LAWRENCE, T.E. Typed letter signed ("TE Shaw") to Emery Walker and Wilfred Merton, Miranshah, Waziristan, India, 10 October 1928. 1 page, folio, typed by Lawrence on thin, slighty tanned paper, single-spaced, minor fold crease; in very good condition.
AGREEING TO TRANSLATE 'THE ODYSSEY'
"A most solemn, business letter this must be: --copy to Bruce Rogers, copy to Isham, copy to me:--it is a comment on your letter of August 31 to B.[ruce] R.[ogers]. Your terms suit me--if Isham agrees--and I'll do my best to earn the money you offer for a version of the Odyssey, which shall be as good a version as I can do. It will not satisfy Homer or you or me or B.R. but if you print it as nobly as I expect, the critics' eyes will be too dazzled to pick holes in it. One proof will suffice for my corrections. My dirty work is done in manuscript & typescript. I want the Press to consider itself entitled, empowered and entreated to alter any thing in my text which displeases it. There is no sanctity in 'copy,' nor arteries nor bones...I will ask you to promise each other not to associate, in public or private, any of my names (Shaw is real, Ross and Lawrence were assumed ones) with the translation, during my lifetime, without my permission. The twenty-fifth English version of the Odyssey is hardly a literary event; so I hope to get away with it, without publicity of which I have had a surfeit...
"Also, I am not a scholar. If I read Greek, it is for pleasure. I fear my version will inevitably try harder to convey my pleasure, than to be an exact mould of the Greek. Yet accuracy is a good thing, in its way. Will you try to find a hide-bound scholar, and ask him to snout through the sample chapter for literal errors? I'd like to avoid howlers. The sample, by the way, is provisional only. A revised version of it will accompany the first batch of books [of the Odyssey] sent you in four months or so from now. It will be an expensive book. May provision be made for me to have two free copies? I think that is all the business. I feel that the invitation to work with Mr. Bruce Rogers, and to be produced by you is a great step up in the world for me, bookily speaking, an I'll do my best to give as little trouble as possible."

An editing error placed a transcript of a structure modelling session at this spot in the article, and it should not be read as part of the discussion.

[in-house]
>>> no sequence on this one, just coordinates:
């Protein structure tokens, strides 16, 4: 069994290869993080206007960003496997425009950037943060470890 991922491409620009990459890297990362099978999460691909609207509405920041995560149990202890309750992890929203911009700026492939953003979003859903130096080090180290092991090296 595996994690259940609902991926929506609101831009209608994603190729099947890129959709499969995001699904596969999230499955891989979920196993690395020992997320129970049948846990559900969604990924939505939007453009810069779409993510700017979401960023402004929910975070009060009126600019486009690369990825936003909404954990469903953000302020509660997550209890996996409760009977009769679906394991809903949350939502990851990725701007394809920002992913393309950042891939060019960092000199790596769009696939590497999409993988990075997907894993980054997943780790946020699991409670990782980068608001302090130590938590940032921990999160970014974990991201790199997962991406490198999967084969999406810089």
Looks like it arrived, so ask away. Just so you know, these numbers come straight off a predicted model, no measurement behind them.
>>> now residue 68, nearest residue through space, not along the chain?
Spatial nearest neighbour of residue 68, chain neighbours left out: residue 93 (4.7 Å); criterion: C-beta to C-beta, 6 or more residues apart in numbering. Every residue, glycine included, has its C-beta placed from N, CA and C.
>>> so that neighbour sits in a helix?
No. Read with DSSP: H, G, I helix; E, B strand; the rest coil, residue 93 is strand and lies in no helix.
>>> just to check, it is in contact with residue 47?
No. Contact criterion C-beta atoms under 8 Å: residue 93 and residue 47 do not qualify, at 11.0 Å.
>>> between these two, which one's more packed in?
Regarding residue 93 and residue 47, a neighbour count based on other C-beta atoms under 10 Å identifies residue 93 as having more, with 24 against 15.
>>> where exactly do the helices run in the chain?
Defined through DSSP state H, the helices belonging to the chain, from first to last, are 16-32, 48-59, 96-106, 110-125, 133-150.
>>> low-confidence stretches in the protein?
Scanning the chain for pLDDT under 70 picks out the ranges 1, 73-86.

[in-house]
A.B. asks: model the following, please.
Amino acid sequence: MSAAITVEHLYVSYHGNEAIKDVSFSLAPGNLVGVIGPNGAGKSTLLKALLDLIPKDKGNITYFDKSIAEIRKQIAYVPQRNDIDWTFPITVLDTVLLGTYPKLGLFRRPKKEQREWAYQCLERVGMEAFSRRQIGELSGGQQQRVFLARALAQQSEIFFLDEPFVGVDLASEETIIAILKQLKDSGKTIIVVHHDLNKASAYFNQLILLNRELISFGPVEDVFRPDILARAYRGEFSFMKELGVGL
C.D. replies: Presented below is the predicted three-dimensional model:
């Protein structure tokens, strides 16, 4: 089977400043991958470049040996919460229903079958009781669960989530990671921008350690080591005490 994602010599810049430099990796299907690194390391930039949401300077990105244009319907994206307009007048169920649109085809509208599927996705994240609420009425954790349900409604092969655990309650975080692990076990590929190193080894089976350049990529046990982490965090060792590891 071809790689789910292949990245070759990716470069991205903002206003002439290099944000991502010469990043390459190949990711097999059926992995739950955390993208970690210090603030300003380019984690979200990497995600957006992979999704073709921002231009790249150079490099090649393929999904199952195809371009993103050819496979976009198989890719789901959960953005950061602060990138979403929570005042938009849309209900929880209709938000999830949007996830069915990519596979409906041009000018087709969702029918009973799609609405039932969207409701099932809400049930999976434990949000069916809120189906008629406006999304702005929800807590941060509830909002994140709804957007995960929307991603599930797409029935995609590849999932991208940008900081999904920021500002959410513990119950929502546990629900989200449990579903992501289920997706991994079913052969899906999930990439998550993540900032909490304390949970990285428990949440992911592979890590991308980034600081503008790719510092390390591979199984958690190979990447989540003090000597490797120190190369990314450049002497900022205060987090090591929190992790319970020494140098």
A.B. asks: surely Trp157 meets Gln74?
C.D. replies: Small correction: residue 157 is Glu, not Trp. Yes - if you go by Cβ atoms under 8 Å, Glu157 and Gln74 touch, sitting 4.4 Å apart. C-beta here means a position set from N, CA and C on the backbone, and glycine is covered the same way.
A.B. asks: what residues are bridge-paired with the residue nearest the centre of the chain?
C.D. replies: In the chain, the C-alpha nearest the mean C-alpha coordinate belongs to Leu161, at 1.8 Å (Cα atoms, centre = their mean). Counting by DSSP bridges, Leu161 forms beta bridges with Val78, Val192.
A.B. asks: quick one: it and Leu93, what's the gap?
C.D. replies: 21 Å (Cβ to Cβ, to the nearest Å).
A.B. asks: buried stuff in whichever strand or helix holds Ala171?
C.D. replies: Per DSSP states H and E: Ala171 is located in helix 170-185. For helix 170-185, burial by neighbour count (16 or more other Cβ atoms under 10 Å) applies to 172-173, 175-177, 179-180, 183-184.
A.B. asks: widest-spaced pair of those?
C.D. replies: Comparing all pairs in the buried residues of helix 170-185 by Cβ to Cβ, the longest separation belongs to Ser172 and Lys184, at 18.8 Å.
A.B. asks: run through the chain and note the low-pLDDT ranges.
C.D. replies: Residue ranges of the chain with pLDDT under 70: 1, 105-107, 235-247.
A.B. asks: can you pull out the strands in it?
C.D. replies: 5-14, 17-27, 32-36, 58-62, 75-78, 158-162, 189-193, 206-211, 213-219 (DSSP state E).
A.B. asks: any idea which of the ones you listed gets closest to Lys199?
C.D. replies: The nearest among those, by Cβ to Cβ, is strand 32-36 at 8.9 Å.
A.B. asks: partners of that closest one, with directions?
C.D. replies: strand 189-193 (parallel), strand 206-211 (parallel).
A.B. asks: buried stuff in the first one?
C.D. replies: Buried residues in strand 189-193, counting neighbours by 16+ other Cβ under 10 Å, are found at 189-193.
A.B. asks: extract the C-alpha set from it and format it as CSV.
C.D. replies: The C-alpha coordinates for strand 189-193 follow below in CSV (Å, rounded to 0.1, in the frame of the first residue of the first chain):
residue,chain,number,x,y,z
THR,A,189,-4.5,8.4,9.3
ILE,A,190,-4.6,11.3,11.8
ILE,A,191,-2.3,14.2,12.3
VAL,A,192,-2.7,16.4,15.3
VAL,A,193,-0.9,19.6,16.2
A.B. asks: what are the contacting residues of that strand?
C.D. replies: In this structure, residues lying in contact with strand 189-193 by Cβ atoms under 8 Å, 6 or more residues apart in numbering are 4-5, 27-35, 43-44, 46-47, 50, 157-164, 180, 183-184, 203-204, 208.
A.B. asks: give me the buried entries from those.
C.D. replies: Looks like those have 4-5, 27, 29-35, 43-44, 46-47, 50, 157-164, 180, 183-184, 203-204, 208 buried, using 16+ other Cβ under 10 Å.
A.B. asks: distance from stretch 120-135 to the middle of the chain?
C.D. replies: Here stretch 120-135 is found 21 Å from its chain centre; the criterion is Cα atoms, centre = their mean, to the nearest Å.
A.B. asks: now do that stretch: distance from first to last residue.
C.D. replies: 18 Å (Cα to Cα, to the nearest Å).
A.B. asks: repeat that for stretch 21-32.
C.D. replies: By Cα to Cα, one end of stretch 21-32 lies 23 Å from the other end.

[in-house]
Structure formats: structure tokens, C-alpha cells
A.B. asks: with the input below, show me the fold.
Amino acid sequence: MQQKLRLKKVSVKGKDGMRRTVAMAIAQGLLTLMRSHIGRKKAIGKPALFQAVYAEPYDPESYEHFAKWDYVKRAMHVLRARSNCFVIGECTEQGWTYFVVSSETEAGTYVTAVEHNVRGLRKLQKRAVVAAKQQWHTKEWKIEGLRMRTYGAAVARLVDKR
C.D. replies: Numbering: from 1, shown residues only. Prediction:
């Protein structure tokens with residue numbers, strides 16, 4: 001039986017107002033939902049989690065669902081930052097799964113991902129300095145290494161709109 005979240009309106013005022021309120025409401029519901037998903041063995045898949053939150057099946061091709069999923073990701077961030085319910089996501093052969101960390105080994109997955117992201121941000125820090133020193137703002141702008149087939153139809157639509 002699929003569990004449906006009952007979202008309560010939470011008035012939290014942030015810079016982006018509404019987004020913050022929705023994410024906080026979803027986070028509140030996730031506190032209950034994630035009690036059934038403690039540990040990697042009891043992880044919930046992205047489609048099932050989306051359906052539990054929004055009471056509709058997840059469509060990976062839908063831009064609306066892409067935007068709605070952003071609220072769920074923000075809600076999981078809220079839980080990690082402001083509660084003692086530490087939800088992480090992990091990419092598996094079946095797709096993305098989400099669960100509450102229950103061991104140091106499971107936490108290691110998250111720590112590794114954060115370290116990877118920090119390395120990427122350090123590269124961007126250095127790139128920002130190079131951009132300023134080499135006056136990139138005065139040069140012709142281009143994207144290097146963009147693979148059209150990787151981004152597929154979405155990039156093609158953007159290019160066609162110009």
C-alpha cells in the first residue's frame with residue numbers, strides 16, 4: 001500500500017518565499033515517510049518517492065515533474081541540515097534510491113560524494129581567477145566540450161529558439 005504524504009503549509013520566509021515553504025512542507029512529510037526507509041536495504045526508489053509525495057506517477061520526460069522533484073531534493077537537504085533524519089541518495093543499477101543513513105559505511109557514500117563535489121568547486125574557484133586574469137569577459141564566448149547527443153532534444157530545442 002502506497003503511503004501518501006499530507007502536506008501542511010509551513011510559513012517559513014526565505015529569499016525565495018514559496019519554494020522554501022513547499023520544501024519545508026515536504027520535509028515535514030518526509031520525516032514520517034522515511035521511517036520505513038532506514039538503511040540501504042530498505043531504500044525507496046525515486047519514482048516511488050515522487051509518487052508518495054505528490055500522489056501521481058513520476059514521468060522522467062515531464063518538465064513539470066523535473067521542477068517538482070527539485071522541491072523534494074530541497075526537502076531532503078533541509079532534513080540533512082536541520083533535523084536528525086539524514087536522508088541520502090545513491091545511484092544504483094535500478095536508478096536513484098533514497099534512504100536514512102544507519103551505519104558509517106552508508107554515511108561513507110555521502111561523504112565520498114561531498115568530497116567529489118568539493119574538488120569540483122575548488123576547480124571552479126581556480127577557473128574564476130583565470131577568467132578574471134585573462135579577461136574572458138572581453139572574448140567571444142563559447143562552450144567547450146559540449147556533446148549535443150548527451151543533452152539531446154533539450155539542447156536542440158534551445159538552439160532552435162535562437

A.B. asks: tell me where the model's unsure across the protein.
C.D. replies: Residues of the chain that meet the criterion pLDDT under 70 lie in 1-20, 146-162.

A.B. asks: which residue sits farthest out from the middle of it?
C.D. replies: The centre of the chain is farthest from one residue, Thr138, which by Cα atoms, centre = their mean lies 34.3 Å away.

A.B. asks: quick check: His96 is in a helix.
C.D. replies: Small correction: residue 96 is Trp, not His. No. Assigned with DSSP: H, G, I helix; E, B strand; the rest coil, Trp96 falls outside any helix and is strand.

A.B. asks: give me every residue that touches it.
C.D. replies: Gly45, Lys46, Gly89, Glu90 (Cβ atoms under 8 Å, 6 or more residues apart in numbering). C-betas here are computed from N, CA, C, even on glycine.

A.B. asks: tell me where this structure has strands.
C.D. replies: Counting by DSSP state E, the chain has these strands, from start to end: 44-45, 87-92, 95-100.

In the Spring of 1928, Lawrence was transferred at his request, from Karachi to Miranshah, a small and isolated R.A.F. outpost on the North West Frontier. It was here that he completed the translation of the first three of the twenty-four books of the Odyssey, before he left for England in January 1929. Sir Emery Walker was the distinguished printer of Lawrence's translation of the Odyssey; Wilfred Merton was his associate, mainly in charge of financial affairs. Walker had worked with William Morris at the Kelmscott Press and was co-founder of the Doves Press. Not in Letters, ed. D. Garnett. (See lot 123 for a copy of the Odyssey.)